Although it does offer a passel of traditional numbers, the title sentiment of the Pine Leaf Boys' Homage Au Passe (Homage To the Past) is honored in several new songs by the band members themselves; more to the point, the past being honored is as much personal as it is musical. Hence the reflective mood borne of experience as expressed in the lovelorn ache inspiring the western swing flavor of "Je Cherche Tout Partout" ("I Looked Everywhere"); in the keening, heartfelt sweet nothings expressed in the lilting waltz, "La Delaysay"; in the blues-tinged regrets of a life lived too much on the edge as voiced in the gravelly tone and mournful fiddle of Courtney Granger in "J'ai Fait Un Grosse Erreur"; in the chronicle of the peaks and valleys of love's winding way as summoned so evocatively in Wilson Savoy's hymn-like waltz, "T'es pa la meme," to which Drew Simon adds sad, crying accordion laments. These are songs of people who have been brave enough to open their hearts to others, only to have their hearts handed back, always unceremoniously, often due to their own failings.

But this being a Cajun occasion, you know no one's spending much time crying into the blackened catfish. The Boys charge out of the gate with the festive toe-tapper, "Festival Acadiens Two Step," a lively tribute by Granger to one of Lafayette, Louisiana's most popular annual events. "Country Playboy Special" bops and stomps behind Drew Simon's hearty vocalizing and ebullient accordion solos, to which Granger adds his own spirited fiddling. Guitarist Jon Betrand cuts out on a trebly, stone-country guitar solo to further enliven "Country Playboy Special," then returns a couple of cuts later with another blazing solo on the foot-stomping, rockabilly-flavored barnburner, "J'Suis Gone Pour Me Saouler," a song built to rock the house to its foundation. A shambling, shuffling drinking song from the Balfa Brothers, "Parlez Nous a Boire," has enough of a loosey-goosey feel in its rough-cut harmonizing and woozy instrumental solos to convince you the principals themselves were well lubricated before tearing into it. At the album's close the band returns to its introspective mode for a sweet, sincere treatment of "I'll Always Take Care of You," one of many stellar contributions made to country music by Monroe, Louisiana's favorite son, Webb Pierce (whose English lyrics are translated to Cajun French here), with Bertrand and Granger enhancing the tear-stained mood with emotionally evocative fiddle and guitar solos, respectively.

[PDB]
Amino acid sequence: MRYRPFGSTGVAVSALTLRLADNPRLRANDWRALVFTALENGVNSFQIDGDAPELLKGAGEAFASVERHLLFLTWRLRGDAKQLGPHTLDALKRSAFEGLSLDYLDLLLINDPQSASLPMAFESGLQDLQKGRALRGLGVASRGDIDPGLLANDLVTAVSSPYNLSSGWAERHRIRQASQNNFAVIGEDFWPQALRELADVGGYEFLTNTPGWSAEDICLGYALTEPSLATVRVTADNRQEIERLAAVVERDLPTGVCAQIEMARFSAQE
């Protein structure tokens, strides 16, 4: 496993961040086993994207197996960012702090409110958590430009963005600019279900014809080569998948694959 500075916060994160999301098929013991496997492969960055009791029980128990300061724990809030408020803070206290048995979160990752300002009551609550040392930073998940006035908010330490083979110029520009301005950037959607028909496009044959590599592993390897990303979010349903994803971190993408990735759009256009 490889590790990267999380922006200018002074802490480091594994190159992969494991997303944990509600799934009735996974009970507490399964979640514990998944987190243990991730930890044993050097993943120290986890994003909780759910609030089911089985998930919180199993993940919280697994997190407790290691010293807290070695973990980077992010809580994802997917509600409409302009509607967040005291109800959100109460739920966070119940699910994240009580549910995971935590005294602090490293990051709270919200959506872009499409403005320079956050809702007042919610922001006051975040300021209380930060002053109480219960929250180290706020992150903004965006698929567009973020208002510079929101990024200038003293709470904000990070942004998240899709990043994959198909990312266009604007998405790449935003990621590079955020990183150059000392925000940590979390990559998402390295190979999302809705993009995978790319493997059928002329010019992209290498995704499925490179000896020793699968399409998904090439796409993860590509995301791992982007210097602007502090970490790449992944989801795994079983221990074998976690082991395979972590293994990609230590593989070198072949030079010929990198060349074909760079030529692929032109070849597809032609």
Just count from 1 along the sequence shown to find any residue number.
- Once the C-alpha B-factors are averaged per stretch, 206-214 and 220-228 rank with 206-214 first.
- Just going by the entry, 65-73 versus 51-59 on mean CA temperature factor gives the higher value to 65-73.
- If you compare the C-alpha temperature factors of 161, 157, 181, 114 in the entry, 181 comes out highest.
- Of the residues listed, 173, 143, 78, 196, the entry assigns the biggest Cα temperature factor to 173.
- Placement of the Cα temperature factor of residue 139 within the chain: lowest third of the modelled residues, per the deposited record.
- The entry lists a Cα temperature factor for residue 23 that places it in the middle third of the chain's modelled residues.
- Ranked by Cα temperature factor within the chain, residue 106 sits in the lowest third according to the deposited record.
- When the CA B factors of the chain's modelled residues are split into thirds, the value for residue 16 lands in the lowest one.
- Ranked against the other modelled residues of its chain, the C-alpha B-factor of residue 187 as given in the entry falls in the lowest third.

So we are blessed by these two intelligent, emotionally resonant gifts from Louisiana. The approaches aren't radically different between the veterans of BeauSoleil and the young upstarts of the Pine Leaf Boys, but it's telling how each group concludes its new albums. BeauSoleil, which kicks off Alligator Purse with the aforementioned tune by Cajun fiddle pioneer Dennis McGee, closes with the accordion-driven exultation, "Valse à Thomas Ardoin," by McGee's contemporary visionary, Amédéé Ardoin, with Doucet crying the plaintive lyrics, bringing the album full circle from Cajun music's recorded origins through some of its many variations over time, and back to the beginning—a quintessential BeauSoleil move to link the rich past to its contemporary variations in elegant fashion. The Pine Leaf Boys exit closer to the present days, with the Webb Pierce song, reconsidered Cajun style. Doesn't mean the older music is any less resonant for the PLBs, but tipping their hat to Webb as they depart seems right for this younger bunch. However far in you wanna go, it's all good, any old way you choose it.

BeauSoleil avec Michael Doucet
Yep Roc


Buy it at www.barnesandnoble.com

Pine Leaf Boys
Lionsgate Music


Buy it at www.lionsgate.com

Founder/Publisher/Editor: David McGee
Contributing Editors: Billy Altman, Derk Richardson
Logo Design: John Mendelsohn (www.johnmendelsohn.com)
Website Design: Kieran McGee (www.kieranmcgee.com)
Staff Photographers: Audrey Harrod (Louisville, KY; www.flickr.com/audreyharrod), Alicia Zappier (New York)
E-mail: thebluegrassspecial@gmail.com
Mailing Address: David McGee, 201 W. 85 St.—5B, New York, NY 10024